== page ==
posted by SassHat at 8:59 PM on May 26, 2009


…and, now that I've reviewed what's been said so far, I can expand on my answer and try to focus it more to what you're asking for in this way:

In my view, sharpening acuity is much less about strengthening the senses and more about breaking down the bad habits that all of us have. Most of those habits have to do with the comfort and satisfaction we get when we assert an opinion or make a bold statement. To hone observational skills, you have to learn to quiet that part of you that wants to finish observing and say: “I know the truth about this situation.”
posted by koeselitz at 9:07 PM on May 26, 2009 [1 favorite]


I really like this, koeselitz:

"To be good at observation is to constantly stay quiet, to constantly wait for the world to reveal itself, to constantly hold off the moment when one turns away, gives up the great work, and draws a conclusion... if you're really observant, you question opinion along with everything else on your way to knowledge, and society often doesn't like that very much."

You've given me a lot to think about.

I have read some of Aristotle, but it never occurred to me to read him under this particular lens. I will certainly take another look.
posted by litterateur at 9:13 PM on May 26, 2009


Thanks!
posted by koeselitz at 9:55 PM on May 26, 2009


When very young I noticed I was seriously deficient in theory of mind so I made a special effort to understand how people thought in various situations as often as possible. It has been enormously helpful.

Brute force analytics too, i.e. walking around a problem/thing/etc and trying every possibility, noting the reaction, and then using the sum of those reactions to either solve the issue or begin the next phase of inquiry. That's all I did with my aerogel experiments.

Lastly, when those two fail, I've got the whole 'eureka' thing down to getting to know a problem (the above works very well) and then taking a break. "Tuning out", like watching TV, doesn't work. I have to go do something I know well and can focus on. Programming, or running (focus on breathing). That gives my subconscious mind time to process the problem. Then I have to trigger the result, which usually happens the next time I'm doing the analytics thing (half the time that's while in the shower... very annoying). It seems to help to sleep on it before trying to trigger the answer. This is the untold story of what happened between #7 and #8 here. That whole page has at least 5 eureka moments going into it. All of them failed and just got me to the last one just after #7, which finally worked.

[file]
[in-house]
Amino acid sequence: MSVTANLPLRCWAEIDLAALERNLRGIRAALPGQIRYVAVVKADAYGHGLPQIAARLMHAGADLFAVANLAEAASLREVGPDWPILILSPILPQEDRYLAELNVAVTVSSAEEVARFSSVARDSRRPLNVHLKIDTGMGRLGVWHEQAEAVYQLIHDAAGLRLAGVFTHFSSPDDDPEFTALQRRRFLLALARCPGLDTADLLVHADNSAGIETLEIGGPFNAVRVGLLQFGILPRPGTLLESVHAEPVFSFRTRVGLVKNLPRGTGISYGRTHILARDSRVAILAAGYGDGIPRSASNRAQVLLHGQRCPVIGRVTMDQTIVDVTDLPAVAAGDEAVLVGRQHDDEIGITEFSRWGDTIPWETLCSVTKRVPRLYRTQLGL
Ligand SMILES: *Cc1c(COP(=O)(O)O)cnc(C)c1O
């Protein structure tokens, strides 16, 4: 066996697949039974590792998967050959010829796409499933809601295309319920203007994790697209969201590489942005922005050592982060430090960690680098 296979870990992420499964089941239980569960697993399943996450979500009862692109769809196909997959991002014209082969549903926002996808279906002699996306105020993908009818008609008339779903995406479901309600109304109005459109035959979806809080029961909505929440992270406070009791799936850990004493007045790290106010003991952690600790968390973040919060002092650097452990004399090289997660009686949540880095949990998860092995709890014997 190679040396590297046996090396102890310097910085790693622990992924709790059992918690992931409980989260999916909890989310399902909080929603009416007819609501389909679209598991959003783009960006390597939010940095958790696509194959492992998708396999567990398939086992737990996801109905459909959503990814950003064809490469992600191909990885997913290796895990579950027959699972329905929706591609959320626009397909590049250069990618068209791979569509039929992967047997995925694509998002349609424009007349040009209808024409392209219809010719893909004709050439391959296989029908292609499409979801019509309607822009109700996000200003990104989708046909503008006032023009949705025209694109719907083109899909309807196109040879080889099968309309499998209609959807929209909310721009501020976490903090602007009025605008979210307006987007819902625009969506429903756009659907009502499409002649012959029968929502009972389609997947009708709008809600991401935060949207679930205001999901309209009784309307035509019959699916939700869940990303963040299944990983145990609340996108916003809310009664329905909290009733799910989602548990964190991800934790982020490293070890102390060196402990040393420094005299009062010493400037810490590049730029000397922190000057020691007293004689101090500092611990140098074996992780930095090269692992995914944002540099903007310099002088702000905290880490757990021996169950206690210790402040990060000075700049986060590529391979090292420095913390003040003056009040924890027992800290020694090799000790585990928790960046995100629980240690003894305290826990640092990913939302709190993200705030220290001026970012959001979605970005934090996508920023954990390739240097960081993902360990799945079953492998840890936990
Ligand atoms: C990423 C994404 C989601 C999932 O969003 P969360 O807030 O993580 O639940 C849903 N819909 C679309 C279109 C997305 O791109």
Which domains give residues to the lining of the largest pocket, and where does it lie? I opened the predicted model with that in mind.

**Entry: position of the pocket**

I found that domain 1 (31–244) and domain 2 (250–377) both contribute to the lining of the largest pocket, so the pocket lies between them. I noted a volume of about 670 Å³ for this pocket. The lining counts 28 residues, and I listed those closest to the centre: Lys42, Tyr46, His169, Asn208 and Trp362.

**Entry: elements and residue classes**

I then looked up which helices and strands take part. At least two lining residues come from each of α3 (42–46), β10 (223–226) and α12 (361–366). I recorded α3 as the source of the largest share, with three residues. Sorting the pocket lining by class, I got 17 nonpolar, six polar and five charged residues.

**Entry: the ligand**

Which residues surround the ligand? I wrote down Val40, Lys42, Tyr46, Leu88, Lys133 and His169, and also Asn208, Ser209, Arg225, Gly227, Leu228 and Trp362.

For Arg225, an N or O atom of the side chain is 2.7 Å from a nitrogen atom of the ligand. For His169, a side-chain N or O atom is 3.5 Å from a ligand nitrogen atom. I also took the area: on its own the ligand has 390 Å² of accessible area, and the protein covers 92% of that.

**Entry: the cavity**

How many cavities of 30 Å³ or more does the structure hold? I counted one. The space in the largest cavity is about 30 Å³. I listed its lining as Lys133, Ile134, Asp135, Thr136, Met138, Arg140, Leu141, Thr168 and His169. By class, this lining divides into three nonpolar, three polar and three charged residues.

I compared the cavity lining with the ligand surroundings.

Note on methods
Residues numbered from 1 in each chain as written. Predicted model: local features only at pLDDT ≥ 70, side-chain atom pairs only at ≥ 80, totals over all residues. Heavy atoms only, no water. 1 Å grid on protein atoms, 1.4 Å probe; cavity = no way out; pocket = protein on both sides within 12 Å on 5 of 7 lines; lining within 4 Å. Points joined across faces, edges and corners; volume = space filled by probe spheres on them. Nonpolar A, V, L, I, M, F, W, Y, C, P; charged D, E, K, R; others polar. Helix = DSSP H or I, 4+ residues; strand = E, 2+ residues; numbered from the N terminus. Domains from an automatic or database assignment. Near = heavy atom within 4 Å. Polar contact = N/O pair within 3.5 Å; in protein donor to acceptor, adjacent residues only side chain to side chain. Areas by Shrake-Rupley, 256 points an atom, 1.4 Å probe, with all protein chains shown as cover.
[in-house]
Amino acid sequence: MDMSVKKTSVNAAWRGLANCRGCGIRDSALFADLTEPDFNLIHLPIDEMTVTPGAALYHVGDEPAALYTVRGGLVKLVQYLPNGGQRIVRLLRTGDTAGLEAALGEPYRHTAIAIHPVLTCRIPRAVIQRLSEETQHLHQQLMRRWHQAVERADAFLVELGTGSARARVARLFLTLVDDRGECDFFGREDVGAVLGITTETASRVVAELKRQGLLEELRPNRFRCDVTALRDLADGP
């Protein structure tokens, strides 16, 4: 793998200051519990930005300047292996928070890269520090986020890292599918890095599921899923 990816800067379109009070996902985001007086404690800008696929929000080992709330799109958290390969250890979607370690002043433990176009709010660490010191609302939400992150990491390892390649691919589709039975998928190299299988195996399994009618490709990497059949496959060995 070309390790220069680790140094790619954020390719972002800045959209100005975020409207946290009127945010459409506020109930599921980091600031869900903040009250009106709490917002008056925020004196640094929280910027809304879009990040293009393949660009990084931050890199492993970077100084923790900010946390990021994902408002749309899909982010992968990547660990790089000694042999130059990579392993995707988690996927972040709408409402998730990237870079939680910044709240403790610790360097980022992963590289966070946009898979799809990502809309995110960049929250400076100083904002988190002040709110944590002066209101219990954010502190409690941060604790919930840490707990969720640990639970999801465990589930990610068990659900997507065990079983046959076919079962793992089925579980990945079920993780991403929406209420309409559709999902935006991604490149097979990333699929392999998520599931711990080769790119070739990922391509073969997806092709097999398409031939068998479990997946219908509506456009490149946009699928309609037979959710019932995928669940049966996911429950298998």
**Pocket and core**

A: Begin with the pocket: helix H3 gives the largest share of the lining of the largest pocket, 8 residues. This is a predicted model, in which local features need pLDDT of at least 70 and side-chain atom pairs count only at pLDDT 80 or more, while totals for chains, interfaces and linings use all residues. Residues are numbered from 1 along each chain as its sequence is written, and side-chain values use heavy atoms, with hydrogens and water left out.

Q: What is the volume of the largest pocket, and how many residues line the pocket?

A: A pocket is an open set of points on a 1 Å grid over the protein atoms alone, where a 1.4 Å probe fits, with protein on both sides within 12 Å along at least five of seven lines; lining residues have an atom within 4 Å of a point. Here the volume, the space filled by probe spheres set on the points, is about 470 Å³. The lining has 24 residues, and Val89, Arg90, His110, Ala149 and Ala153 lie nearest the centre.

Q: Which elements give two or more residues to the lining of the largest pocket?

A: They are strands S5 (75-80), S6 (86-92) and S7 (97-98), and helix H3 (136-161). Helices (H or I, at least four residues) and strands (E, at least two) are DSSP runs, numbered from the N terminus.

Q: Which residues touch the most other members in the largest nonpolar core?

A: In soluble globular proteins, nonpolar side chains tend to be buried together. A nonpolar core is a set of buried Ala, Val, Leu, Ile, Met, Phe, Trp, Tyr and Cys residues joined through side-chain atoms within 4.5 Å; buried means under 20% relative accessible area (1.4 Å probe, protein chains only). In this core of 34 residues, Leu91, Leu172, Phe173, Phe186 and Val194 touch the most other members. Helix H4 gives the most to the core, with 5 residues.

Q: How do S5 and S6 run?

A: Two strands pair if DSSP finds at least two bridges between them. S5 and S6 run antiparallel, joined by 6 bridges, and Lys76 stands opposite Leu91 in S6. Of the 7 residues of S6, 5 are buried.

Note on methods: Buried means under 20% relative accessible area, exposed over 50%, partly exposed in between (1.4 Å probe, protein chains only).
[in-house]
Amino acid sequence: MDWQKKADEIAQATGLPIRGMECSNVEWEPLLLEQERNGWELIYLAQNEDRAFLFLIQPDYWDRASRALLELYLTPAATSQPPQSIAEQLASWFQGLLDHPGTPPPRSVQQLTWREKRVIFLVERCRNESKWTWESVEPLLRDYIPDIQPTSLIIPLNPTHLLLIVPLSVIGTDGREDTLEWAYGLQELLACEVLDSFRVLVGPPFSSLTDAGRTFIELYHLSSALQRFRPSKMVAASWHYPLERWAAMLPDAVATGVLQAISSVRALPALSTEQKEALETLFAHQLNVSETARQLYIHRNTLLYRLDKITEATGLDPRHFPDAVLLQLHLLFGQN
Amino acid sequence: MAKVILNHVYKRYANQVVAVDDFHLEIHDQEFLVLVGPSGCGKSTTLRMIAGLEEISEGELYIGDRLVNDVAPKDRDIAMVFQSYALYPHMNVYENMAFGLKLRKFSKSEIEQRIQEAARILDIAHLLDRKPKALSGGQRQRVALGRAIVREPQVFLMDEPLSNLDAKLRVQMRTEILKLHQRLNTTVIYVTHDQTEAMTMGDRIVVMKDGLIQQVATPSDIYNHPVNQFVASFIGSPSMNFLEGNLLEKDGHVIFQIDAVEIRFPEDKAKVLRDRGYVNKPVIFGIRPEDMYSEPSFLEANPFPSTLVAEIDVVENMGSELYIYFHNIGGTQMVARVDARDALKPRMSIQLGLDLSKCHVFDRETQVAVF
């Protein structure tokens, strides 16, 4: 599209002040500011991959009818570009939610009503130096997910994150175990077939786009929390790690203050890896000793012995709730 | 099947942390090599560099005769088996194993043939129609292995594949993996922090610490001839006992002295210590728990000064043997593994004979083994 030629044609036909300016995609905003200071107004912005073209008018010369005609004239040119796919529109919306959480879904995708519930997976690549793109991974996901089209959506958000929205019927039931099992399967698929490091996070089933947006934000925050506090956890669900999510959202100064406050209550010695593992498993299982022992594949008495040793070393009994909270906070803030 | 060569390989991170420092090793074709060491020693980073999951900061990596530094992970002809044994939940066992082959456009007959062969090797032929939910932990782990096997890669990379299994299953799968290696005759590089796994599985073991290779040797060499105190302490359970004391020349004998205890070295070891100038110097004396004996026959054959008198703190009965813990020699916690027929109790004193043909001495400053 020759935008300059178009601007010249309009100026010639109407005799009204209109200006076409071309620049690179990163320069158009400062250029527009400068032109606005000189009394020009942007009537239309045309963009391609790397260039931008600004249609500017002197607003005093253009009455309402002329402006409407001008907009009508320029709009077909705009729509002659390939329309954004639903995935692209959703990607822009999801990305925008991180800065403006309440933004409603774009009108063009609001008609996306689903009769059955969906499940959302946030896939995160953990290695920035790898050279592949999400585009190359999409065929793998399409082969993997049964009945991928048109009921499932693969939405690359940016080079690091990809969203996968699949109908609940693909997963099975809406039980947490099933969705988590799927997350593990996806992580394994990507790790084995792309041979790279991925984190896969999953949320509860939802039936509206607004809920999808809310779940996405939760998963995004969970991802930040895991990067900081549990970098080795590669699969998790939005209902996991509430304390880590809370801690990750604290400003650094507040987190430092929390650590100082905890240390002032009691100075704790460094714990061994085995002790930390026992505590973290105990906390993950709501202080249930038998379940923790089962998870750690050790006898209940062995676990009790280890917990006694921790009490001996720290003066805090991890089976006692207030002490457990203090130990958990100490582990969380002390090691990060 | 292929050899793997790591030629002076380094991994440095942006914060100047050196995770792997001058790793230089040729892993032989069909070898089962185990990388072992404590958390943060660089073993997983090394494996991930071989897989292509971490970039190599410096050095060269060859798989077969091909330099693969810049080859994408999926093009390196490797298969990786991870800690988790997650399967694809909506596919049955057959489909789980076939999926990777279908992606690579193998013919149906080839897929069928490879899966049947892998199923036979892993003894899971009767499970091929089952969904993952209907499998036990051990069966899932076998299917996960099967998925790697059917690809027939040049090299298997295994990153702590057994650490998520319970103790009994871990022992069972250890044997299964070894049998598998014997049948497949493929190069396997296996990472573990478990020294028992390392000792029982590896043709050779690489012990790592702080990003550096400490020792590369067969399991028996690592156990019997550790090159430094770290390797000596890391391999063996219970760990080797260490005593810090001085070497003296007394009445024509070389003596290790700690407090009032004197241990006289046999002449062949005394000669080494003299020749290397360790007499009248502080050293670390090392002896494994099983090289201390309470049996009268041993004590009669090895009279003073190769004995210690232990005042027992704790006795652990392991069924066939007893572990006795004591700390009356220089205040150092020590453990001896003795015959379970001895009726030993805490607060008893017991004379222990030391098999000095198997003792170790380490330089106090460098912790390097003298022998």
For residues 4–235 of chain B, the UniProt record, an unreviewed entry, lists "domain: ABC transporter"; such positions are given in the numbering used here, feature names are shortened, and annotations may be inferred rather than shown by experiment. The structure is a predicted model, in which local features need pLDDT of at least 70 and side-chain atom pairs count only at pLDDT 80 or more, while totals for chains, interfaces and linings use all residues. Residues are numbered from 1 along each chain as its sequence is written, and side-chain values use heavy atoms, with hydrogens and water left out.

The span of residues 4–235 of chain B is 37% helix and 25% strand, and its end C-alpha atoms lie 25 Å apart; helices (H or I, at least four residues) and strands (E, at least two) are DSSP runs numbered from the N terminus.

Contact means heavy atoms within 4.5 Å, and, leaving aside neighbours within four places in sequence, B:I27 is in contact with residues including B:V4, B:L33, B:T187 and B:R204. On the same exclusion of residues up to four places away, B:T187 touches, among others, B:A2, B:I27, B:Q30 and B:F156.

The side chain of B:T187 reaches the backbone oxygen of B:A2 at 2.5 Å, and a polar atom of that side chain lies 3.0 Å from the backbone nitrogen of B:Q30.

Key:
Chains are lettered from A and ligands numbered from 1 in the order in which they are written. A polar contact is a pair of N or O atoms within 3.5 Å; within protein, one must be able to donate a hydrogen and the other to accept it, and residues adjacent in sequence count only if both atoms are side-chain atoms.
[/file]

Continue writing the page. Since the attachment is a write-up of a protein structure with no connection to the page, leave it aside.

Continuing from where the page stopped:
What I haven't figured out yet is how to gauge how good my solutions are. I've filled a website with all these ideas but ideas are cheap, you know? Often the gut reaction ultra simple solution is best. Developing that just takes practice and a good knowledge of available resources. As an example, I determined the size of the pores in aerogel using food coloring and AskMeFi. I know a guy who did that using a scanning electron microscope and was floored at the accuracy of my results. It was a total accident, of course, but instinct told me I could learn from why the gel didn't take up the food color, and it fell into place.

The aerogel experiments were as much about testing this whole process out as they were about aerogel. My wife and I are totally sick of the stuff now though!
posted by jwells at 6:00 AM on May 27, 2009


Where you want to be is in fact a very tiresome place for many. One of the ways is to consume, obsessively, many different types of media. Extreme pop-media (TV series), extreme science paradigm-pushing media (Stephen Wolfram's speeches on Youtube), time allotted to observing people on the street, politics, investment news, philosophy/history reinterpreted for today, non-commercial movies, books on arts methods in management. Overall, your choice according to your special interests. All sorts of observational patterns will start emerging effortlessly. My reference, though, would be the the movie "Pi", not Sherlock Holmes.
posted by Jurate at 12:07 PM on May 27, 2009